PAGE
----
Federal Reserve Bank of St. Louis President James Bullard said he would back limiting the size of individual U.S. banks to a proportion of gross domestic product, while warning of the risks from “too-big-to-fail” firms.
“Scaling by GDP would make sense,” Bullard said to reporters today in St. Louis. “Of course, the devil is in the details of exactly how you would do that.”
Fed Governor Daniel Tarullo said yesterday that the U.S. Congress should weigh capping the size of the largest financial institutions. U.S. law permits the biggest banks to grow to such an extent that they increase “perceptions of at least some residual too-big-to-fail quality,” he said in a speech.
“I appreciate that Governor Tarullo is entertaining the idea of size restrictions,” Bullard said. “This is something I do back. We would be better served by putting size restrictions generally on financial firms.”
Tarullo told the University of Pennsylvania Law School that “it would be most appropriate for Congress to legislate on the subject” of limiting size. The idea “that seems to have the most promise would limit the non-deposit liabilities of financial firms to a specified percentage of” GDP, he said.
Fed presidents including Richmond’s Jeffrey Lacker, Philadelphia’s Charles Plosser and Richard Fisher of Dallas have said the Dodd-Frank Act enacted in 2010 won’t necessarily end taxpayer bailouts because it gives regulators discretion to provide rescues. Plosser has called for a bankruptcy law that would set rules for the wind-down of a large financial company.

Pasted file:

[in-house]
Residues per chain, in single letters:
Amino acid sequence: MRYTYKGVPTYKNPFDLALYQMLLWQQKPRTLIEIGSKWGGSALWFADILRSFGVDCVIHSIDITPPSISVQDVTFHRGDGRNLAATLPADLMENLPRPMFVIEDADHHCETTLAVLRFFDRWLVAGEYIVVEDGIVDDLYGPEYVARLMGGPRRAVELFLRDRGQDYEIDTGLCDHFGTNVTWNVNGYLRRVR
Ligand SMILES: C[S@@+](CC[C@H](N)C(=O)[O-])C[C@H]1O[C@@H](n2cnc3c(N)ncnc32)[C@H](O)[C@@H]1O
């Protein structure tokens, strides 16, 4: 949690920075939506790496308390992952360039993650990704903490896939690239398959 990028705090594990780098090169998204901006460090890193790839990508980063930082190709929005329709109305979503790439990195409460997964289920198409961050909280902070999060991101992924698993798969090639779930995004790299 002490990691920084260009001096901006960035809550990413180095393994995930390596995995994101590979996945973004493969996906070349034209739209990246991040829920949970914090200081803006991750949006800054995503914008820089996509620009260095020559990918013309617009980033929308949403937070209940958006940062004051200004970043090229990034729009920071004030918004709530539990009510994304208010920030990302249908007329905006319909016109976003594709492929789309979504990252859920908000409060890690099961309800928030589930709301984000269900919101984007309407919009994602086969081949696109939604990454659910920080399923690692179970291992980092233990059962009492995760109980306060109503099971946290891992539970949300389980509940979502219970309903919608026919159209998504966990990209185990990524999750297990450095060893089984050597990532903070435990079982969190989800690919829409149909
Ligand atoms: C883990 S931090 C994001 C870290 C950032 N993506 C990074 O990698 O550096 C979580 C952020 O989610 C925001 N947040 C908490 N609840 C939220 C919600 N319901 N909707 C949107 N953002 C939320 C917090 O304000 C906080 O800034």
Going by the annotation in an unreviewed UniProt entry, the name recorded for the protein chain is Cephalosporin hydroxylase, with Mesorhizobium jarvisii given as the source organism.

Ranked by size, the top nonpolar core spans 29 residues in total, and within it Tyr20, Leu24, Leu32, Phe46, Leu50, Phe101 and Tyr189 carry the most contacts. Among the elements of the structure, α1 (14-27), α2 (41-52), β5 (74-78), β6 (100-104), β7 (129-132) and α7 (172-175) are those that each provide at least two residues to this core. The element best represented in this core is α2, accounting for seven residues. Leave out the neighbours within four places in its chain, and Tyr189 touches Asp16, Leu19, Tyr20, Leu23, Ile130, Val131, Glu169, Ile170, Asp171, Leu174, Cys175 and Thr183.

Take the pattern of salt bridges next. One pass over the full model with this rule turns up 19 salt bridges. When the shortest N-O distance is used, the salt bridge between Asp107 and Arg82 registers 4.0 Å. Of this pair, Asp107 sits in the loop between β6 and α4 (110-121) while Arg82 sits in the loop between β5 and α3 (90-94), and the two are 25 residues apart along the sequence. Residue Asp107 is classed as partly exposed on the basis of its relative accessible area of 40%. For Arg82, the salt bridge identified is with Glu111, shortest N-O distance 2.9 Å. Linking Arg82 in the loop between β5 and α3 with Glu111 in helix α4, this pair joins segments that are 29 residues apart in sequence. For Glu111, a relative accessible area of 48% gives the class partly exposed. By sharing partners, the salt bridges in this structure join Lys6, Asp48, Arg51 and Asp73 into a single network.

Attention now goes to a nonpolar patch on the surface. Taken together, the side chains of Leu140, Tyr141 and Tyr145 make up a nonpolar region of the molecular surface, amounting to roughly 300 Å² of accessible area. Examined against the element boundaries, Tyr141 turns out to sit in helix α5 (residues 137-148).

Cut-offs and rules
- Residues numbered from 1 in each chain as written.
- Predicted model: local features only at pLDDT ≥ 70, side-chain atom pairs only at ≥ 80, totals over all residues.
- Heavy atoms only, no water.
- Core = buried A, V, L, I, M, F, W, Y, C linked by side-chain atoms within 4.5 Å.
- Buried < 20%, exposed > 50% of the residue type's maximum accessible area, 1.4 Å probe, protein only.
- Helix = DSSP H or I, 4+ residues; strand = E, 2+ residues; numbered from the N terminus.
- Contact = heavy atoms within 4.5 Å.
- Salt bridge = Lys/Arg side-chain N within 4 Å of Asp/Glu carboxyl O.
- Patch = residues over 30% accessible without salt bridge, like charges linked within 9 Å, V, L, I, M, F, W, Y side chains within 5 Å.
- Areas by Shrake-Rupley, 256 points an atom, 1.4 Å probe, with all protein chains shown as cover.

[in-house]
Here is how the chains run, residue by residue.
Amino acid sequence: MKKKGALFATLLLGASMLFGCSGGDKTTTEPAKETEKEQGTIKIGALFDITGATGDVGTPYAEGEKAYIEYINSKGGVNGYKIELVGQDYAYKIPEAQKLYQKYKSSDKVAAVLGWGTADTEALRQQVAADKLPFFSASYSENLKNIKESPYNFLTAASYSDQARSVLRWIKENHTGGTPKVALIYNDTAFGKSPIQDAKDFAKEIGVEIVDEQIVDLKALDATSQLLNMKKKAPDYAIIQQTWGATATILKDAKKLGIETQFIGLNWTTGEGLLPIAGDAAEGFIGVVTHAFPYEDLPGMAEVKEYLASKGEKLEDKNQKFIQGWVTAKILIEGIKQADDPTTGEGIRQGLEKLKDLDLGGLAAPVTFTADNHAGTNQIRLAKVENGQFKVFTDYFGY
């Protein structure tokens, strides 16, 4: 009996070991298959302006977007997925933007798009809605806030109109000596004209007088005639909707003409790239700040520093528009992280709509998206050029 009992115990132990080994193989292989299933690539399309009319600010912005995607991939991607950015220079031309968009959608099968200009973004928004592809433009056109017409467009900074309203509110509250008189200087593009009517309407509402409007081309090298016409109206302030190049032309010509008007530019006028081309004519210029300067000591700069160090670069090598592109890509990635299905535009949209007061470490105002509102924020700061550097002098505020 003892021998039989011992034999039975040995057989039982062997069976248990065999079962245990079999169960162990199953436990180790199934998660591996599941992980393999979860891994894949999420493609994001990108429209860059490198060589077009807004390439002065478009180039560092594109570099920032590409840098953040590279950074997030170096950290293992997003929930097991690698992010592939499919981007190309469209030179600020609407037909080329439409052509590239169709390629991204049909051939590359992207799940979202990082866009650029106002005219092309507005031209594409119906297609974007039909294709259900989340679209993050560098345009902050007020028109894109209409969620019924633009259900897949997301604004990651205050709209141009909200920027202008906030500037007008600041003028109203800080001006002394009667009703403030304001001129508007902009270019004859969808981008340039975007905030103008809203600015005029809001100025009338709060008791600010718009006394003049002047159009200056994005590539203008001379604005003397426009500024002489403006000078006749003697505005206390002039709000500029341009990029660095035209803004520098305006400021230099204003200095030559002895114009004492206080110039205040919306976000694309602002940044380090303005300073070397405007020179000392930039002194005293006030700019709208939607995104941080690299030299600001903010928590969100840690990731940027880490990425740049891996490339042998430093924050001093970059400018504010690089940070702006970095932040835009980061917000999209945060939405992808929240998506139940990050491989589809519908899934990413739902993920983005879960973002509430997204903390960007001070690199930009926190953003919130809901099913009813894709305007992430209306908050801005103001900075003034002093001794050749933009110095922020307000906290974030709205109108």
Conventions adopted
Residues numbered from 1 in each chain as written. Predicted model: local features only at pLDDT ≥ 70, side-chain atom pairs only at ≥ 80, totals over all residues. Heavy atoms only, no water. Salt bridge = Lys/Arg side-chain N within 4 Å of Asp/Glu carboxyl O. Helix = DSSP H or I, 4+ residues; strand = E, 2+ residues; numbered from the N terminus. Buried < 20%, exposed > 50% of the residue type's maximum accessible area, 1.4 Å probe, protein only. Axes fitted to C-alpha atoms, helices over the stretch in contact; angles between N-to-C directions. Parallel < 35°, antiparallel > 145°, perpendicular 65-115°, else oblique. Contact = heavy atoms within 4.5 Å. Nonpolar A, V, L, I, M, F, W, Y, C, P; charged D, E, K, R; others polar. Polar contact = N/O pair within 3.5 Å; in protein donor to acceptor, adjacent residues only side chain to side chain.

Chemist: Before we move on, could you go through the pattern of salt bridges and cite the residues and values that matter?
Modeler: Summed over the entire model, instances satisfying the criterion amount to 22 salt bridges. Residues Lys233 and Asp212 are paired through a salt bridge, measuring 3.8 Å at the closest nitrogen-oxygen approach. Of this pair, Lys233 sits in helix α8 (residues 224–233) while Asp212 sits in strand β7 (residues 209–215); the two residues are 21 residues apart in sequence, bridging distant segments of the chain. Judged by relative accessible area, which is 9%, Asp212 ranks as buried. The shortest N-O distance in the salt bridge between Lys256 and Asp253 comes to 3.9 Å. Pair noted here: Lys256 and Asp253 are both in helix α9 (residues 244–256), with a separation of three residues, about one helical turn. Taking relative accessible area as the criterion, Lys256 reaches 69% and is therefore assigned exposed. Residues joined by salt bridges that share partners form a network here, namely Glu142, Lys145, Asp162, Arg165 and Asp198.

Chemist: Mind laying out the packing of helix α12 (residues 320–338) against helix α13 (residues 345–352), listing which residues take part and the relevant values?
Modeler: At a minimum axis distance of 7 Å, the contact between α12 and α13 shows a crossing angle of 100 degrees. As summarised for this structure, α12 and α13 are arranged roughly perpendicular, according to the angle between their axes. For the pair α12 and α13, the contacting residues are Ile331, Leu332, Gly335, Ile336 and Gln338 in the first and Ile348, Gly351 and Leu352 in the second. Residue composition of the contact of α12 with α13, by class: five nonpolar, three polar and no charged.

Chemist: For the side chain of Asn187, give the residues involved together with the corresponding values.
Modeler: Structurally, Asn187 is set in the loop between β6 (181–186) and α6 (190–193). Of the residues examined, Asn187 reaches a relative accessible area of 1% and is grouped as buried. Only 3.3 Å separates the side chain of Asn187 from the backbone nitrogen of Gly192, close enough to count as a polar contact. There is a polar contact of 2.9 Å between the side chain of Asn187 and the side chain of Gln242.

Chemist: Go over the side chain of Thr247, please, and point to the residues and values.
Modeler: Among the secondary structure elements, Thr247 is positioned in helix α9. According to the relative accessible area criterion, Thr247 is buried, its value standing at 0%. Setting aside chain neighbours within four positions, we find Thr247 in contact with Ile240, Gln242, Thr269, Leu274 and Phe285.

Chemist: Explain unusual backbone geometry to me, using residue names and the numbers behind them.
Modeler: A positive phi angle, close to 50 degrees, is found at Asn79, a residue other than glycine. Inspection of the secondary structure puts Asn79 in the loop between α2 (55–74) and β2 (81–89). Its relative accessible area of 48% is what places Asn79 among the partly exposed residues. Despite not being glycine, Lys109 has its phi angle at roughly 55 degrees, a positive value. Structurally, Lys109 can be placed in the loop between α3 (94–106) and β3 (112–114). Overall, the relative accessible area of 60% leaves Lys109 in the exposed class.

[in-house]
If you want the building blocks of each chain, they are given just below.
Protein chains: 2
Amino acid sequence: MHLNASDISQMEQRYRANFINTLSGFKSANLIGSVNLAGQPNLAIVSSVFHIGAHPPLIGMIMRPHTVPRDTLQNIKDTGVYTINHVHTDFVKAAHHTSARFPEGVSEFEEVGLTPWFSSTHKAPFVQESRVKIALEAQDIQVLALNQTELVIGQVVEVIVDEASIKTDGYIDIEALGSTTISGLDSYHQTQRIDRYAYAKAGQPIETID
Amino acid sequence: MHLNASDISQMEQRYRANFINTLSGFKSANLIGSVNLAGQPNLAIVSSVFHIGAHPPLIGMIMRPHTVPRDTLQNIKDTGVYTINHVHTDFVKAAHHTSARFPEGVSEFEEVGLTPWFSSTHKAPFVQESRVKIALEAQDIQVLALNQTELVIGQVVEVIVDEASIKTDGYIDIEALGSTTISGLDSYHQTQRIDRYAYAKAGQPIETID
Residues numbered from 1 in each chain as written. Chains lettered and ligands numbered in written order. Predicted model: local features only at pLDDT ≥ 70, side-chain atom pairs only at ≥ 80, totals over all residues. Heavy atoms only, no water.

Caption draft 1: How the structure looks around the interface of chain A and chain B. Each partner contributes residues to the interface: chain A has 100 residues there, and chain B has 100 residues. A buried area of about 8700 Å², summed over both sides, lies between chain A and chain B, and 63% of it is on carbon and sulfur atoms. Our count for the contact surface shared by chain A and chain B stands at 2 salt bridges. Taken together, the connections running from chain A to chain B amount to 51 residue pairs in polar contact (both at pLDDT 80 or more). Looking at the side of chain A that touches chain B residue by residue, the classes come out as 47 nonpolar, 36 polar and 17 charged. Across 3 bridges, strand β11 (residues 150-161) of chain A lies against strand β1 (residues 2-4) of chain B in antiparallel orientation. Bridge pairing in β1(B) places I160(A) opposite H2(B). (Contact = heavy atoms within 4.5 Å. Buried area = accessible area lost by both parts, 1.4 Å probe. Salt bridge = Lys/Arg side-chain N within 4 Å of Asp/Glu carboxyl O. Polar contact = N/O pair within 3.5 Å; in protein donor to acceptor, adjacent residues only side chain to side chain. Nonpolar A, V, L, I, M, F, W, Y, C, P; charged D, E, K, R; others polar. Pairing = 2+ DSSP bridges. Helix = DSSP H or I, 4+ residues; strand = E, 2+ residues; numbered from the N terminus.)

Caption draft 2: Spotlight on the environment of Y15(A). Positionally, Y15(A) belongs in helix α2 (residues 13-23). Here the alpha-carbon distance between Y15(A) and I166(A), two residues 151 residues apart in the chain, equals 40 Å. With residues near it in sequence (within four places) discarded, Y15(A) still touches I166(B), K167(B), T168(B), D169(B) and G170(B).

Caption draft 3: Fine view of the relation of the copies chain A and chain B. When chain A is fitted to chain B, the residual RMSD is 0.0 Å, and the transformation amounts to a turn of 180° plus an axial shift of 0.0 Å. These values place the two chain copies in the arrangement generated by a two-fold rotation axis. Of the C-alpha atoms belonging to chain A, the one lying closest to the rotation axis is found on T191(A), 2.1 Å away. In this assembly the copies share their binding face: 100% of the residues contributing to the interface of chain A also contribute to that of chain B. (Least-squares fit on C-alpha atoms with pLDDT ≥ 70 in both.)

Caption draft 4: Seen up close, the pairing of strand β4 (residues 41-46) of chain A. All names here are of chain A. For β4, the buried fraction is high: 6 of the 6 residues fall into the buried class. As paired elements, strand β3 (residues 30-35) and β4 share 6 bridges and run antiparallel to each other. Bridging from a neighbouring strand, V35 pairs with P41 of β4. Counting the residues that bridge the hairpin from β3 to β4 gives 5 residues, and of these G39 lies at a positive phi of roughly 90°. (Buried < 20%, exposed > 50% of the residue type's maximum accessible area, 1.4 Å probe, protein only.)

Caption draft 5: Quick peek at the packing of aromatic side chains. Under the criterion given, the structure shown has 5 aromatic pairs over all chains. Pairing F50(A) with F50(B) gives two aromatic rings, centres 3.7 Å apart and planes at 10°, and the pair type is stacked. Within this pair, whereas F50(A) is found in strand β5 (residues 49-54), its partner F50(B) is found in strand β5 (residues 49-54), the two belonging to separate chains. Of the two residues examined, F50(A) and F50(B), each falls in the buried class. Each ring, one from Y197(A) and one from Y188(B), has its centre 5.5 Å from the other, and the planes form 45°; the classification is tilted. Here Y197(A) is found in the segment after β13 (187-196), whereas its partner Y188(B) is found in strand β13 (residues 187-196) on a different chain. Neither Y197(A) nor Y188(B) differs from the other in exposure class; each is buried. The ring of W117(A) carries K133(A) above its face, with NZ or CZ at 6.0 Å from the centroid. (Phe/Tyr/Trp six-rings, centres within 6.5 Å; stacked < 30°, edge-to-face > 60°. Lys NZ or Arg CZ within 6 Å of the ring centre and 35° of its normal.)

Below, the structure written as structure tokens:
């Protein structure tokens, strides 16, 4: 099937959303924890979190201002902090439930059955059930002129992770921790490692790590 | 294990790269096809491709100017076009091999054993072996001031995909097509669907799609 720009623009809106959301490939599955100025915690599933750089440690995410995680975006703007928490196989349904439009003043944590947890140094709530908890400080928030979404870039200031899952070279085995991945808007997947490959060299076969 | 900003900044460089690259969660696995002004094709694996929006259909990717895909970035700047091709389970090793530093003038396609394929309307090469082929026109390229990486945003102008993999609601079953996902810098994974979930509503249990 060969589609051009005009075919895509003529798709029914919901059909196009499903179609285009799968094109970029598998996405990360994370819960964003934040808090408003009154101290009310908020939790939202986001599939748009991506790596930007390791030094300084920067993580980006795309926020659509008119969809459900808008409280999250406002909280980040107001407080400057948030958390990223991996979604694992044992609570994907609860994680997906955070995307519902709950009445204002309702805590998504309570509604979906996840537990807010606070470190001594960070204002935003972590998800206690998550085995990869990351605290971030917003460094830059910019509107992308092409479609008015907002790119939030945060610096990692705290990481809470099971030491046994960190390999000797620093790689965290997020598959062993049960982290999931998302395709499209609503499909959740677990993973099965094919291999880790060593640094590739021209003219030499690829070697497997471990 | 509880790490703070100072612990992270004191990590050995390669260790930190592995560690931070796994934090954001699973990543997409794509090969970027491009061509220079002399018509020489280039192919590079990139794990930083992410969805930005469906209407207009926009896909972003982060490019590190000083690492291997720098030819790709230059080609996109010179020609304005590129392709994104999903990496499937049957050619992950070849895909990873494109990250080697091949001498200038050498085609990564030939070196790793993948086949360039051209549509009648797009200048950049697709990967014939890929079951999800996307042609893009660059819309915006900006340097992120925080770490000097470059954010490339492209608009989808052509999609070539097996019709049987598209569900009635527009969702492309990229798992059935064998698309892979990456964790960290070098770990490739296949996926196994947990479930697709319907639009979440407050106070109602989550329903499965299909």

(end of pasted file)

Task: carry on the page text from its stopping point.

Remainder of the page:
The Dodd-Frank law gave the Fed and other regulators powers to take over and shut down failing institutions, mandated that the central bank look for evidence of emerging risks to financial stability and required annual stress tests of the largest U.S. banks.
“I do not think we need firms that are so large and complicated in order to have a healthy intermediation sector in the U.S.,” Bullard said to reporters at the St. Louis Fed’s fall economic conference. “We would be better served by a setup that had smaller firms and a competitive landscape across the sector.”
Bullard also said that recent economic data are consistent with his forecast for U.S. growth of about 2 percent in the second half of this year and more than 3 percent next year.
“It probably has been a bit mixed,” he said of recent reports. “You have got some sectors like housing that seem to be doing somewhat better but you have got other parts that are maybe a little more ominous. Europe seems to be maybe a little deeper in recession than what we have seen earlier this year.”
Bullard said he “wouldn’t want to prejudge” his position on monetary policy at the next Fed meeting in two weeks.
U.S. stocks erased gains as optimism about a drop in jobless claims faded and a slump in Apple Inc. dragged down technology shares. The Standard & Poor’s 500 Index was little changed at 1,432.84 in New York.
The Fed yesterday said in its Beige Book summary that the U.S. economy was expanding “modestly” last month, supported by improvements in housing and auto sales, even as the labor market showed little change. A Labor Department report last week showed that while the unemployment rate unexpectedly declined in September, payroll growth slowed.
Bullard joined the St. Louis Fed’s research department in 1990 and became president of the regional bank in 2008. His district includes all of Arkansas and parts of Illinois, Indiana, Kentucky, Mississippi, Missouri and Tennessee.